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High Density-Lipoprotein Subfractions of Patients Using Cardio-Selective Beta-Blockers

Authors
  • Kuster, Gabriela M.1
  • Amann, Franz Wolfgang1
  • Neuenschwander, Christian1
  • Drexel, Heinz1
  • 1 University Hospital, Division of Cardiology, Department of Medicine, Raemistrasse 100, Zurich, CH-8001, Switzerland , Zurich
Type
Published Article
Journal
Cardiovascular Drugs and Therapy
Publisher
Kluwer Academic Publishers
Publication Date
Mar 01, 2002
Volume
16
Issue
2
Pages
127–131
Identifiers
DOI: 10.1023/A:1015753432426
Source
Springer Nature
Keywords
License
Yellow

Abstract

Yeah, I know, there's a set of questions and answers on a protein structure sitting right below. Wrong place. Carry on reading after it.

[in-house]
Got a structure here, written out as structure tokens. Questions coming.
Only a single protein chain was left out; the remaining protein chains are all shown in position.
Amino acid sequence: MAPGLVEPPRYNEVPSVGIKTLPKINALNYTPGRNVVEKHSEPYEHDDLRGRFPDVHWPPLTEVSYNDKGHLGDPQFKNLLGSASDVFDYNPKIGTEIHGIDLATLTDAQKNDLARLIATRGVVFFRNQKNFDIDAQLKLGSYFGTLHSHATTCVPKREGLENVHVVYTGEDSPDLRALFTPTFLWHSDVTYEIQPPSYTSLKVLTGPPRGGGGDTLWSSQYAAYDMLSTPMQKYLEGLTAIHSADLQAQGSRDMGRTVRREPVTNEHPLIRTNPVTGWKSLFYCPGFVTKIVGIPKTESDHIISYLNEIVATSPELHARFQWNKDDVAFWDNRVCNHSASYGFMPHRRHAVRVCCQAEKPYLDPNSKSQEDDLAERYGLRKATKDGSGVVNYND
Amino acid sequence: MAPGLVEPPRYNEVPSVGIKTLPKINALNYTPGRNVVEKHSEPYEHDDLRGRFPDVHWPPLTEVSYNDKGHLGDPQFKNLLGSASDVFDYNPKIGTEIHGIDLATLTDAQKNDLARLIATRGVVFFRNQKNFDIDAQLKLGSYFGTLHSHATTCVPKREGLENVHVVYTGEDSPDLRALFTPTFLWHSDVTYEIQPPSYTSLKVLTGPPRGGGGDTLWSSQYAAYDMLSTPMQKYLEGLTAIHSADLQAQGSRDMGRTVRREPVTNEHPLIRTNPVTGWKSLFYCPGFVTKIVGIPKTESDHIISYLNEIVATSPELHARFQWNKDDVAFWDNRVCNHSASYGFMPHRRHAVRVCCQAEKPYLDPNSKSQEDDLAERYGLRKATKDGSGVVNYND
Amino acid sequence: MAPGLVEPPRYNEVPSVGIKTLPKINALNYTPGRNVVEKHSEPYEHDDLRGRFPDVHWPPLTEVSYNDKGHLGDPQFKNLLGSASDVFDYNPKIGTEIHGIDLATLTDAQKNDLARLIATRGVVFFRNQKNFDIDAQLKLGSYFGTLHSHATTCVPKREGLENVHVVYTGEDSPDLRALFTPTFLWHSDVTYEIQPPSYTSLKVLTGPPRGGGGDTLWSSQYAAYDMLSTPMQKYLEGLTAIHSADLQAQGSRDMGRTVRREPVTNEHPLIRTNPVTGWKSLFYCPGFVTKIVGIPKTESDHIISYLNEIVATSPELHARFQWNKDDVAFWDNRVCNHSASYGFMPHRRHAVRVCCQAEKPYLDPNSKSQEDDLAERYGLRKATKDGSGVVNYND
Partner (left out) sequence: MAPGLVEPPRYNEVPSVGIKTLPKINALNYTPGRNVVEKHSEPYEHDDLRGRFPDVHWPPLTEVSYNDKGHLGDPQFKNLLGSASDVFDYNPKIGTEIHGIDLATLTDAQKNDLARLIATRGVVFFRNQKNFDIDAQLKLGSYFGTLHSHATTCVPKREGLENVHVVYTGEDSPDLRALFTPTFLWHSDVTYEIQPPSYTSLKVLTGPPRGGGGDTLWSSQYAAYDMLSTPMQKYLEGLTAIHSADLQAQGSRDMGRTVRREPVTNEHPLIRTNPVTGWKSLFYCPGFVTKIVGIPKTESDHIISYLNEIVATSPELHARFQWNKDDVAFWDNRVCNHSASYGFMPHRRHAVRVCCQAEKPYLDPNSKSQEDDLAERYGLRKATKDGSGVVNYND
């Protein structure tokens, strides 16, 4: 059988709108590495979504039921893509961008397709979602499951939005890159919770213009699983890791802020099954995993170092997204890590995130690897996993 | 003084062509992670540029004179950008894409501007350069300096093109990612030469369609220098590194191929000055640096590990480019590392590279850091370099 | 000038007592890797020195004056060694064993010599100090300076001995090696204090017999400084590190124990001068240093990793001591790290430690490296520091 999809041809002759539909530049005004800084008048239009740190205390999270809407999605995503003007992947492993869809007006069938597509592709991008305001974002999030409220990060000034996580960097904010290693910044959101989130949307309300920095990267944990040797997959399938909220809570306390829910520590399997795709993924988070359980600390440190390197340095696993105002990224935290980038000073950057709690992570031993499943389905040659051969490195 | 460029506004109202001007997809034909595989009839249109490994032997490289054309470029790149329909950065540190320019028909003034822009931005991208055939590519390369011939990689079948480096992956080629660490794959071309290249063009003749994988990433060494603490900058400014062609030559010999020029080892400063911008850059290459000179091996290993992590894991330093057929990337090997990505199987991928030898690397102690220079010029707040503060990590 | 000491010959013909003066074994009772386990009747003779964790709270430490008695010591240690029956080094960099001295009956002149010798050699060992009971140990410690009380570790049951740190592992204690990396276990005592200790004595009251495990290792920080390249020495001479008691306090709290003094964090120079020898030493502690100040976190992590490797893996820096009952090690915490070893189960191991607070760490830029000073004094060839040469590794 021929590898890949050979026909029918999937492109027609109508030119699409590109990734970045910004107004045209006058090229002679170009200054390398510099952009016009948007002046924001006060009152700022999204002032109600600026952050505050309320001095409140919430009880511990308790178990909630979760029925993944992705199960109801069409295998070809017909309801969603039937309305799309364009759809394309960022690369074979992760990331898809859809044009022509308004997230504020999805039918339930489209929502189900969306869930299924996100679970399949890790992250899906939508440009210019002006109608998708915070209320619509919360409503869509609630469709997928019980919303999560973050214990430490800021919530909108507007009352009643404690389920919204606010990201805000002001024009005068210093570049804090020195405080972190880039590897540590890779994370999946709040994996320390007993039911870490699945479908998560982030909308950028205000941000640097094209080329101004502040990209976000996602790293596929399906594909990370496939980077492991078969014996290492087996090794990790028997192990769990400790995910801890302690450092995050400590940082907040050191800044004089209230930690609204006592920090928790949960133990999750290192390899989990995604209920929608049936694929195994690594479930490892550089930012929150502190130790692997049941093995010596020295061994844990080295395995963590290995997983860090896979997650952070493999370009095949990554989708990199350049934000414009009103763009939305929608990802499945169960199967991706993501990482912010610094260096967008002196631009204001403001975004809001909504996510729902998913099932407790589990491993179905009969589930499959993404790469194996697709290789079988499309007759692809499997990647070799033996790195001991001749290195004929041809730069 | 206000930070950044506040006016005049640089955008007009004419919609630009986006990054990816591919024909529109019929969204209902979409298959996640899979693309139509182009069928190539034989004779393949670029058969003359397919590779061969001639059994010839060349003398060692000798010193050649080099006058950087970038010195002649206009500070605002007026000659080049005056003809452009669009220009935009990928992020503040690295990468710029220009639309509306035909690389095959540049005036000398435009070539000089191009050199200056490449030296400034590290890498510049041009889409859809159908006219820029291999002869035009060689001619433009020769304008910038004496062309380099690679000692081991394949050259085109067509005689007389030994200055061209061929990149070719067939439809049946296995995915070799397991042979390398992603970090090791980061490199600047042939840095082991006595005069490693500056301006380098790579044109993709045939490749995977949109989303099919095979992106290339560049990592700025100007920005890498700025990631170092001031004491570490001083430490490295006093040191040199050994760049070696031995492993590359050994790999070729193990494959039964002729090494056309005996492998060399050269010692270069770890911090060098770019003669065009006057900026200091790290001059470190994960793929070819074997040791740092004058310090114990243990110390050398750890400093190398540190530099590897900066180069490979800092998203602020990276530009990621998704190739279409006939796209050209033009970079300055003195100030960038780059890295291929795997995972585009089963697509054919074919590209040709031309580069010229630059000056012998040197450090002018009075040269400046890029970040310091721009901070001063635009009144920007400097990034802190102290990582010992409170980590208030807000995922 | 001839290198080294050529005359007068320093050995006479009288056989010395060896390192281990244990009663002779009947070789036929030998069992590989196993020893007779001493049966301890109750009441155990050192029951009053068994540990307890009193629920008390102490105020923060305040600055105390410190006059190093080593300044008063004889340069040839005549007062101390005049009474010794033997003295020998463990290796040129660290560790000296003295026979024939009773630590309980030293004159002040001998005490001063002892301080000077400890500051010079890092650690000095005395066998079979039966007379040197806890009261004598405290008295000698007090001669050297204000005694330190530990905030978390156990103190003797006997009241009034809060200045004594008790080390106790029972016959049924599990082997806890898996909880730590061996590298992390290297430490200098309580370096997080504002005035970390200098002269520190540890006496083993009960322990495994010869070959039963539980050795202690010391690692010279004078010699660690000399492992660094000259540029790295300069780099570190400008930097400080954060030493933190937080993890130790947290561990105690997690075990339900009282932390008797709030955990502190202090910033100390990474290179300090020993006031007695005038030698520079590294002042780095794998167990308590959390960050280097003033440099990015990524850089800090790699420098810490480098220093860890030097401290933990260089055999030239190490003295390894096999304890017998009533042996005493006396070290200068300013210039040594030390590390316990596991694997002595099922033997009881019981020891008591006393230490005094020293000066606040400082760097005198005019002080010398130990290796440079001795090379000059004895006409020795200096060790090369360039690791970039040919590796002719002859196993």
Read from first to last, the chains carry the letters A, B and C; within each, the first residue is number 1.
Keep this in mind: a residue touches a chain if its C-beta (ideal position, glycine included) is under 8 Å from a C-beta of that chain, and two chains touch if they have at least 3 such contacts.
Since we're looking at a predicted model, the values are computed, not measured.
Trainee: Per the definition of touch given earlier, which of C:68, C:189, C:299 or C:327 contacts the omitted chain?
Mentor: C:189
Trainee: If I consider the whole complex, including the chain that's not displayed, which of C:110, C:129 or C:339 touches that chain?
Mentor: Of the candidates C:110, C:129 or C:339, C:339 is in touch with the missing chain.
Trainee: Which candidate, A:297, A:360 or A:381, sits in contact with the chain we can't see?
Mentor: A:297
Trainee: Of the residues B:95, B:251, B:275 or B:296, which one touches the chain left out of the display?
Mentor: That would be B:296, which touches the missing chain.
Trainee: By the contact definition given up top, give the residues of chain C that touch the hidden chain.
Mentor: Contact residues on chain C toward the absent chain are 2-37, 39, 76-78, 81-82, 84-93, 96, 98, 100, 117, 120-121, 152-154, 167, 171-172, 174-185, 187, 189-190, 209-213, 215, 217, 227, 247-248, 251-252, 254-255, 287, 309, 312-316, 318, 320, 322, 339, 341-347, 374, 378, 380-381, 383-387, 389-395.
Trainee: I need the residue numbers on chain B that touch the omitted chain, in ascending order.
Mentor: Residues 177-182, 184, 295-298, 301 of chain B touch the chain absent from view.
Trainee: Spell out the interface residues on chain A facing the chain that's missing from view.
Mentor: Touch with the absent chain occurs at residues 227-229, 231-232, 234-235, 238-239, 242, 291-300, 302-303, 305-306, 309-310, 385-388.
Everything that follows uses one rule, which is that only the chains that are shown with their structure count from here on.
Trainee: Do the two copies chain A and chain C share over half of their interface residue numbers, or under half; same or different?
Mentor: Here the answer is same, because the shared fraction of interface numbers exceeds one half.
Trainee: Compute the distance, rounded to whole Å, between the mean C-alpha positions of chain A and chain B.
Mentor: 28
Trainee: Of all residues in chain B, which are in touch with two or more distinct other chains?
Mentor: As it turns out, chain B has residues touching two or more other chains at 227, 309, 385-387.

Treatment of hypertension with beta-adrenergic blockers (BB) slightly increases plasma triglycerides and decreases high density lipoprotein (HDL) cholesterol levels. However, only little is known about BB-related lipid changes in patients with coronary artery disease (CAD), who usually a priori have decreased HDL cholesterol levels; and even less data exist on HDL subfraction cholesterol in these patients. We therefore quantified levels of lipids, lipoprotein lipids including HDL2 and HDL3 cholesterol, and apolipoproteins in 107 consecutive men undergoing elective coronary angiography. Of the 107 patients, 84 had angiographically established coronary atherosclerosis (≥1 lesion with ≥50% narrowing, CAD+), and 23 had no major lesion (CAD−); 67 were taking ß1-selective BB (metoprolol or atenolol) for treatment of angina and/or hypertension and 40 were not. Patients using BB had significantly higher cholesterol levels than patients not using BB (5.99 ± 0.93 vs. 5.63 ± 1.07 mmol/l, mean ± SD, p = 0.029). Their HDL cholesterol and HDL2 cholesterol levels were significantly lower (1.19 ± 0.27 vs. 1.28 ± 0.33 mmol/l, p = 0.048, and 0.22 ± 0.12 vs. 0.27 ± 0.18 mmol/l, p = 0.038, respectively). Accordingly, the total cholesterol/HDL cholesterol ratio was significantly higher in patients taking BB than in those not taking BB (5.23 ± 1.27 vs. 4.68 ± 1.63, p = 0.010). Considering CAD+ and CAD− patients separately, there was a trend towards lower HDL cholesterol and its subfractions with significantly lower HDL2 cholesterol in patients with BB in the CAD− group, suggesting a stronger dyslipidemic effect of BB in these patients with a priori normal or near normal baseline lipid levels.

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